Wog Wog campground

Morton National Park

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Overview

Wog Wog campground, in Morton National Park, is a great camping spot while bushwalking in the Budawangs on a weekend getaway.

Accommodation Details
Camping type Tent, Camper trailer site, Camping beside my vehicle
Facilities Barbecue facilities, carpark, toilets
What to bring Drinking water, cooking water, fuel stove, firewood
Price Free.
Bookings Bookings are required. Book online or call the National Parks Contact Centre on 1300 072 757.
Please note
  • Sites are not marked or powered
  • This is a remote campground, please make sure you arrive well prepared.
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Tucked away in the south-western edge of Morton National Park, Wog Wog campground serves as the western gateway to the remarkable Budawangs mountain range. From Nowra or Canberra, it’s easily accessed by car, yet feels miles away from civilization.

Wog Wog campground offers basic amenities for those seeking a remote and basic nature getaway. It’s ideal for self-reliant bushwalkers who are embarking on hiking trips into the wilderness splendour of the Budawangs.

If you’re feeling more leisurely, simply pitch your tent and enjoy a nature getaway amongst tranquil surroundings. At night, settle back around the campfire under a blanket of stars and enjoy the nocturnal symphony of the surrounding woodlands.

For directions, safety and practical information, see visitor info

Current alerts in this area

There are no current alerts in this area.

Local alerts

For the latest updates on fires, closures and other alerts in this area, see https://www.nationalparks.nsw.gov.au/camping-and-accommodation/campgrounds/wog-wog-campground/local-alerts

General enquiries

Operated by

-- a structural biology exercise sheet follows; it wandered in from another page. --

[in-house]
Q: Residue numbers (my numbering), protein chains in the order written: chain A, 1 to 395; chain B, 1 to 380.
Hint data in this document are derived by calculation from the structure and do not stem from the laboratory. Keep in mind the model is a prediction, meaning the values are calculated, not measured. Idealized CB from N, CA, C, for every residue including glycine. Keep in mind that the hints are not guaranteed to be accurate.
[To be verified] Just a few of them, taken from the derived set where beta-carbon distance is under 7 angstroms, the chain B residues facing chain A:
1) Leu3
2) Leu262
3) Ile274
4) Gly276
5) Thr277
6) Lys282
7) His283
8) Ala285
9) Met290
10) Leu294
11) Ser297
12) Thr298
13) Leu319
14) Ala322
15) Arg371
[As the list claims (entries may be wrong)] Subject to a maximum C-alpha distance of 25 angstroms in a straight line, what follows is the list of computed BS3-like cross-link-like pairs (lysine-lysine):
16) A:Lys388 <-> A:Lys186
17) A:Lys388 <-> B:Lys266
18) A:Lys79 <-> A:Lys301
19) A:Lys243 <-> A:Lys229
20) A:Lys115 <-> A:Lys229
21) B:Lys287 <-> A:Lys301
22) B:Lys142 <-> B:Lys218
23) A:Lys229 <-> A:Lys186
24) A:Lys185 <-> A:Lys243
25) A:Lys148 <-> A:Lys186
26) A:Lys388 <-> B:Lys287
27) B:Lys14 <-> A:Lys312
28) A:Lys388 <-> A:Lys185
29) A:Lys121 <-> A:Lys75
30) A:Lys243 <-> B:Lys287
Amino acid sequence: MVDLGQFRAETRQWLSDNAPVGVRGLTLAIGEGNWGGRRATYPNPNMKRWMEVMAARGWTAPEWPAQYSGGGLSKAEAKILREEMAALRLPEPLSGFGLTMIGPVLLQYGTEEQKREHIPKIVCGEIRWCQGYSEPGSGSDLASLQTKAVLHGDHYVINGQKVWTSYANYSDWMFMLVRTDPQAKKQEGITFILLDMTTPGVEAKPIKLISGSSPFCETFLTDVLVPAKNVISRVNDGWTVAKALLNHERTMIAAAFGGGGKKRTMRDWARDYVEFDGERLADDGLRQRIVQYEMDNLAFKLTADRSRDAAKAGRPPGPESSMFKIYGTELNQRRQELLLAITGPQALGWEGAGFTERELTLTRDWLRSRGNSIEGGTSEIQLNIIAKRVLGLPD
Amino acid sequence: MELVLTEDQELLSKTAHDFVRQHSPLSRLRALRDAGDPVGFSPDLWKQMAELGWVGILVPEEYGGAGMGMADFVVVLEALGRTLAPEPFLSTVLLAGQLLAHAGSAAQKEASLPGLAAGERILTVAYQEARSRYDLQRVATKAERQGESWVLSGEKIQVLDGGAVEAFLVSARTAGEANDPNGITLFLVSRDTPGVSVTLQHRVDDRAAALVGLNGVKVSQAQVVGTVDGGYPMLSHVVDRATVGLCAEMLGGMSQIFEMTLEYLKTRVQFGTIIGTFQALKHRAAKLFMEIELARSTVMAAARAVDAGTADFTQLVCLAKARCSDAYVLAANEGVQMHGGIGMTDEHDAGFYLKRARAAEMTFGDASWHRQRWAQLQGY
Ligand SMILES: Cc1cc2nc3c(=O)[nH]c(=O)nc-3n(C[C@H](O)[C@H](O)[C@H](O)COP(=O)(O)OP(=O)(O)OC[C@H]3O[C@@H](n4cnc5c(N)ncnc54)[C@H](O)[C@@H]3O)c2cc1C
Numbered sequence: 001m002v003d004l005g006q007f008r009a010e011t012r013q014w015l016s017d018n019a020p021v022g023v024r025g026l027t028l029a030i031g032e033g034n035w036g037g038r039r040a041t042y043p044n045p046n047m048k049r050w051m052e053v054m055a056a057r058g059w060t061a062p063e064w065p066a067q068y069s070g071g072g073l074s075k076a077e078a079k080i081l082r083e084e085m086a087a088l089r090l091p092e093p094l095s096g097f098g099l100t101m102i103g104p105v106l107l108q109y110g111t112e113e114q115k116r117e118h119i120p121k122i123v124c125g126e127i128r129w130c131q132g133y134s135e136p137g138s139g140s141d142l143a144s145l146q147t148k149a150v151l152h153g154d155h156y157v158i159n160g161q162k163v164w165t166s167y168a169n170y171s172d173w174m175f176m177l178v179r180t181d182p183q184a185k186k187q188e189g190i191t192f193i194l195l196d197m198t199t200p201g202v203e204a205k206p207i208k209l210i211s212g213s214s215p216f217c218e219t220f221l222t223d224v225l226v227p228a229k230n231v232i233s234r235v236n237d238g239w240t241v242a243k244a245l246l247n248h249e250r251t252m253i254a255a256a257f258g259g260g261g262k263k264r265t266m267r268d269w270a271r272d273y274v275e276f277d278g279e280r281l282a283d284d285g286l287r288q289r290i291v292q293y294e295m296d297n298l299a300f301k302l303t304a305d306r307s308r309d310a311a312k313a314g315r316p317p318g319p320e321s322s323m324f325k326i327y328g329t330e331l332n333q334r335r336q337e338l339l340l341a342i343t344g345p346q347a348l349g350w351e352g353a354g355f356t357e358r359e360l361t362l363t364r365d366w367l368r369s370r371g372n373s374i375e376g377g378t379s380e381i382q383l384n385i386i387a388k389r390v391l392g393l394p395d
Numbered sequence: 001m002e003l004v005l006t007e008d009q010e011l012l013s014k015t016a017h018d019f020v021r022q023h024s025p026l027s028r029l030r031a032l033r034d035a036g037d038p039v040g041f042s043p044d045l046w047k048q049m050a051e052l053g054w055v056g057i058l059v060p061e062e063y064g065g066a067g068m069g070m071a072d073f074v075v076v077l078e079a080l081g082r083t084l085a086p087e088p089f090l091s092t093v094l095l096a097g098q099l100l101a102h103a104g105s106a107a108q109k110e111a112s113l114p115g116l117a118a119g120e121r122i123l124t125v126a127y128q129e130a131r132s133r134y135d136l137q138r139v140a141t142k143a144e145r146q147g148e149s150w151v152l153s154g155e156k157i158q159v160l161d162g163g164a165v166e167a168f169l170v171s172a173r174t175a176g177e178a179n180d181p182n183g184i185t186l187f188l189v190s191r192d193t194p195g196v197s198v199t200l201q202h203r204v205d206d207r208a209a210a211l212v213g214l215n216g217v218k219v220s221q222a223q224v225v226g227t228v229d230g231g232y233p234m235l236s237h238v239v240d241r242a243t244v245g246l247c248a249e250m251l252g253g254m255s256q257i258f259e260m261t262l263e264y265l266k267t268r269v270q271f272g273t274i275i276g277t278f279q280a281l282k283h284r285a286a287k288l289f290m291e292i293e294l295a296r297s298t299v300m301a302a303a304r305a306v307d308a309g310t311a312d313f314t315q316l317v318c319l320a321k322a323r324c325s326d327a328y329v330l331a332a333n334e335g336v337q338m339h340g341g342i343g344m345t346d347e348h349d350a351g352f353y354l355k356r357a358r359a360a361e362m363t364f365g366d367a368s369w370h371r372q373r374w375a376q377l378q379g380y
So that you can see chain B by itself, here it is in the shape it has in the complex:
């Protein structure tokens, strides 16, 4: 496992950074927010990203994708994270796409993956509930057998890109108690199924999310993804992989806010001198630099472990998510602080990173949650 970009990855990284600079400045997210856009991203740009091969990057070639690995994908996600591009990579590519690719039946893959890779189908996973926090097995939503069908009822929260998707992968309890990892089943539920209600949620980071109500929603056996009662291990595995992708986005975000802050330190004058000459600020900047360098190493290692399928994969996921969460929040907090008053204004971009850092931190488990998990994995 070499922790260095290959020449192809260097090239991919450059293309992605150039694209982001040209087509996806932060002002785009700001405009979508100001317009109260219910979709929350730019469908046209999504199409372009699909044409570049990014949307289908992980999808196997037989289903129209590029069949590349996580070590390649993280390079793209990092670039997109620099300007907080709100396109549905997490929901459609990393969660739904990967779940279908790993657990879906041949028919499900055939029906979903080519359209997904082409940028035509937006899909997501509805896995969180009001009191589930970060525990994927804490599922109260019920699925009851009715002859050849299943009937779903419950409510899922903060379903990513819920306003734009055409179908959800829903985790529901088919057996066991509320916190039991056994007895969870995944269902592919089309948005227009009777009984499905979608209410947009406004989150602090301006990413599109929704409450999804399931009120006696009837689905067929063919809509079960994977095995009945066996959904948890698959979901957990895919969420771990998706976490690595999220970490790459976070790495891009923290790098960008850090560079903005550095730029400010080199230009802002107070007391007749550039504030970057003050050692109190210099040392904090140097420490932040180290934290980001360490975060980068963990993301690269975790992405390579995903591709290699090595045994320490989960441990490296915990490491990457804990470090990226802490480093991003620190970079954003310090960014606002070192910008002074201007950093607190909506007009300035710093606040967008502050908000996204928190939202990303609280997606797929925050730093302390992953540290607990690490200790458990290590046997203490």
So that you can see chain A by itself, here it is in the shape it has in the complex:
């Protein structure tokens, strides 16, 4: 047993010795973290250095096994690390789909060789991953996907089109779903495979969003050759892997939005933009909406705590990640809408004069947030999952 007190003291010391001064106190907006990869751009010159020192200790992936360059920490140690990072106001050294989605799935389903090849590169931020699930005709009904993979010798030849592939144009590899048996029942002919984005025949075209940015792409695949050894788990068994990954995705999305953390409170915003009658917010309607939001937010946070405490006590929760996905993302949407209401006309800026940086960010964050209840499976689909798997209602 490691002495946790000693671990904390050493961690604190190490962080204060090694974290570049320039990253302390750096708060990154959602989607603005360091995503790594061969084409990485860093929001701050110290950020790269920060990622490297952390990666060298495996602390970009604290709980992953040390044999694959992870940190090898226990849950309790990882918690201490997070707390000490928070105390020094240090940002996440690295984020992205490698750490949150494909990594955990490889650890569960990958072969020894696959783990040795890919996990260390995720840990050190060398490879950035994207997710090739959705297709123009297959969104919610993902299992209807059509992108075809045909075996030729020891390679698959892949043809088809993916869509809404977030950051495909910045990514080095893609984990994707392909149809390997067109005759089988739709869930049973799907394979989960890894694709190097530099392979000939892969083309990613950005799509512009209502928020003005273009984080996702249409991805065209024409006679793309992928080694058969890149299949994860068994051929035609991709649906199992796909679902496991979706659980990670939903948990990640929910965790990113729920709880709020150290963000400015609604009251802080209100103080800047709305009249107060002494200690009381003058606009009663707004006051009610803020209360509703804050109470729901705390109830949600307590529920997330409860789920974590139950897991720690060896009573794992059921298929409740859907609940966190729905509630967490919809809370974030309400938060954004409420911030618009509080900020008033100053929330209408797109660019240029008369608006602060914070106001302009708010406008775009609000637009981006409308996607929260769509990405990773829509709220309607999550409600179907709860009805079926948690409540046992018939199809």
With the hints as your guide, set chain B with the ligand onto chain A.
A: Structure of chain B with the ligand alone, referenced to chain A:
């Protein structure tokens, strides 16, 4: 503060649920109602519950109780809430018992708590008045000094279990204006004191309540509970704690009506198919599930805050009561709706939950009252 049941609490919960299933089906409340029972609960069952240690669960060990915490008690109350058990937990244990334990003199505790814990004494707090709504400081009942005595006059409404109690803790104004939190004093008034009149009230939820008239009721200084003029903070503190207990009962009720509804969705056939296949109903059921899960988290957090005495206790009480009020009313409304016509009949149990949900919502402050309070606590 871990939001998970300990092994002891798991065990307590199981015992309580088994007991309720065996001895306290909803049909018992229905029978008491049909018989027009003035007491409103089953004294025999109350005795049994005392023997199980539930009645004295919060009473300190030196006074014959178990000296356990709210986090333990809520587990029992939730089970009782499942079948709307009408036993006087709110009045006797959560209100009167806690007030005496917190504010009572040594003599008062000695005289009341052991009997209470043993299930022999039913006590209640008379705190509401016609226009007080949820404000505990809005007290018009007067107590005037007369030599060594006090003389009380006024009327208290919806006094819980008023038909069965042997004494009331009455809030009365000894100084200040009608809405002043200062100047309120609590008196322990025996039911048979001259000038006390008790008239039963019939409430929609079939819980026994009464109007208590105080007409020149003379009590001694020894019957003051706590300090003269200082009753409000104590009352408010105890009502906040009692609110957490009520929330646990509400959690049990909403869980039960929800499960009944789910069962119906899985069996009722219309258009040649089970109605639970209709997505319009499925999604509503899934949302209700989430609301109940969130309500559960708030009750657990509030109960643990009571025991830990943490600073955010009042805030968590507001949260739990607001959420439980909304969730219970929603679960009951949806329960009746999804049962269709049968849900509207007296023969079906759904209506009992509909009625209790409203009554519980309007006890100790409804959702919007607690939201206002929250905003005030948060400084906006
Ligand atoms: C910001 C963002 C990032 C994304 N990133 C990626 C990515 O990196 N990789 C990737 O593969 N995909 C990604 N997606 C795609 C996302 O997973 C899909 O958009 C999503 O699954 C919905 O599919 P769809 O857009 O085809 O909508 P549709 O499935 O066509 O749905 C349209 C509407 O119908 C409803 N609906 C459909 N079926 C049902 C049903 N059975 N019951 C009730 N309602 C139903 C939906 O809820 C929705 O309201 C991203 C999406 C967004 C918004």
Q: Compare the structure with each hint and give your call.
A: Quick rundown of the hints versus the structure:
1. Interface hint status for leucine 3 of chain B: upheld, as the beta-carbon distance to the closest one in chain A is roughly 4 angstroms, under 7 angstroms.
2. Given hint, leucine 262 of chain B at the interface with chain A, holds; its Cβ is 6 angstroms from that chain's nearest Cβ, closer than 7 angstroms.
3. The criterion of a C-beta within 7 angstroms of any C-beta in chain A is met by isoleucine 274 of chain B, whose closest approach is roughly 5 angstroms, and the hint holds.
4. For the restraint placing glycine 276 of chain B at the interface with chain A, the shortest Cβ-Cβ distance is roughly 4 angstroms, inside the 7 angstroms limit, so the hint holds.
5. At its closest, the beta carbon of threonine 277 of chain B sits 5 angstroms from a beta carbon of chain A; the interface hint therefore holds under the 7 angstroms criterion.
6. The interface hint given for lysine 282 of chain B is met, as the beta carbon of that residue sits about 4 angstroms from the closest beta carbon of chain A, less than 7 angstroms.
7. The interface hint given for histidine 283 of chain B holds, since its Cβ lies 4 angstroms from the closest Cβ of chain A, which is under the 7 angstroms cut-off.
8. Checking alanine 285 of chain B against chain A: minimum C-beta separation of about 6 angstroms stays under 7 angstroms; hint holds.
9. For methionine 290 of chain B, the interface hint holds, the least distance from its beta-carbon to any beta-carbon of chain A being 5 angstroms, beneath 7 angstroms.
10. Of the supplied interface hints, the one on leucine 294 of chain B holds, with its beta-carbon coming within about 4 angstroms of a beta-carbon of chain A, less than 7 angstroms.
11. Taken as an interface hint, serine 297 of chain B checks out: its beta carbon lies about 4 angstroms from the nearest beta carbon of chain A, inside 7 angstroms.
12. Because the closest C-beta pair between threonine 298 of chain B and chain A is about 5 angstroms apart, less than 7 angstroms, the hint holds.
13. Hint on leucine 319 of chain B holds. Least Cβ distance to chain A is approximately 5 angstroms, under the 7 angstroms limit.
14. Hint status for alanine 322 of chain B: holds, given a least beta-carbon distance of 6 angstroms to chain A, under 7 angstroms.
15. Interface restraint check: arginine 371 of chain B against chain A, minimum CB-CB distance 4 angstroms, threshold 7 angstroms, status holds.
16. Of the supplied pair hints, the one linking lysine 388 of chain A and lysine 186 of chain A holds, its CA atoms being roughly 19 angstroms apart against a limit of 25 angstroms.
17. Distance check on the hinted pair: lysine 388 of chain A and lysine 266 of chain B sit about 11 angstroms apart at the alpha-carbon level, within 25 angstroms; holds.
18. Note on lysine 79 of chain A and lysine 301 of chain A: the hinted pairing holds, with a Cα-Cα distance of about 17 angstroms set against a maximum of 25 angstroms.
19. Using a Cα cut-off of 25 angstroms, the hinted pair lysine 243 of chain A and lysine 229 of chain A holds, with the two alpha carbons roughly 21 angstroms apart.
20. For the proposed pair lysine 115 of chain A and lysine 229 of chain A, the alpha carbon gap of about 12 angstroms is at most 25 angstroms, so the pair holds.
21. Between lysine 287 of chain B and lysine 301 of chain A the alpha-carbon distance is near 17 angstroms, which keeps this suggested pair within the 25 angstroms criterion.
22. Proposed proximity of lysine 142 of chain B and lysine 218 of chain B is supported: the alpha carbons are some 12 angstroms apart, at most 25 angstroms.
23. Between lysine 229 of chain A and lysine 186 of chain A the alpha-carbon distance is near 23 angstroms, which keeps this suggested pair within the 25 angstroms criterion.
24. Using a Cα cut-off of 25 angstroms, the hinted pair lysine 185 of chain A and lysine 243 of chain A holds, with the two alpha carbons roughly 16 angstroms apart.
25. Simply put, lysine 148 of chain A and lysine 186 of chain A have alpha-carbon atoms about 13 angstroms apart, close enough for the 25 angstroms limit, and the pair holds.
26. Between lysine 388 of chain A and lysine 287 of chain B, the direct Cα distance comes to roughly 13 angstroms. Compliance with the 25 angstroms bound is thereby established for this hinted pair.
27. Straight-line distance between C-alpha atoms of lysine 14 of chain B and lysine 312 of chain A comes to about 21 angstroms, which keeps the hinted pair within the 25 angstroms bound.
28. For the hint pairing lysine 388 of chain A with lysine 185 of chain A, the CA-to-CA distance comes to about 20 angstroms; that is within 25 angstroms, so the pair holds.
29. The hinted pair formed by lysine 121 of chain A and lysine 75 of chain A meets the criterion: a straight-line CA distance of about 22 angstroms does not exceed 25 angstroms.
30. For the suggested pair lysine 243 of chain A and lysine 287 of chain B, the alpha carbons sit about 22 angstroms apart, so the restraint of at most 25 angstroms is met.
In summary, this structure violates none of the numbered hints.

Park info

See more visitor info

Visitor info

All the practical information you need to know about Wog Wog campground.

Getting there and parking

Wog Wog campground is in the western precinct of Morton National Park. To get there:

  • From Mongarlowe take Charlies Forest Road
  • Follow Charlies Forest Road for approximately 15km
  • Turn right into Wog Wog campground at Morton National Park

Road quality

  • Unsealed roads

Vehicle access

  • 2WD vehicles

Weather restrictions

  • All weather

Parking

Parking is available at Wog Wog campground. 

Best times to visit

There are lots of great things waiting for you in Morton National Park. Here are some of the highlights.

Autumn

Grab an oar and canoe down the Shoalhaven River or the Kangaroo River. Autumn rains create ideal conditions for river paddling, and you'll find good spots for beginners as well as for more experienced paddlers.

Spring

Take the Three Views or Granite Falls walking tracks to see wildflowers in colourful bloom.

Summer

The rainforests of Morton National Park are a great place to escape the summer heat – try the Erith Coal Mine track at Bundanoon or the nearby Fairy Bower Falls walk.

Facilities

  • Water is not available at this campground.
  • We encourage you to bring gas or fuel stoves, especially in summer during the fire season.

Toilets

  • Non-flush toilets

Barbecue facilities

  • Wood barbecues (bring your own firewood)

Carpark

Maps and downloads

Safety messages

The weather in this area can be extreme and unpredictable, so please ensure you’re well-prepared for your visit.

Bushwalking safety

If you're keen to head out on a longer walk or a backpack camp, always be prepared. Read these bushwalking safety tips before you set off on a walking adventure in national parks.

If you’re bushwalking in this park, it’s a good idea to bring a topographic map and compass, or a GPS.

Camping safety

Whether you're pitching your tent on the coast or up on the mountains, there are many things to consider when camping in NSW national parks. Find out how to stay safe when camping.

Fire safety

During periods of fire weather, the Commissioner of the NSW Rural Fire Service may declare a total fire ban for particular NSW fire areas, or statewide. Learn more about total fire bans and fire safety.

Fishing safety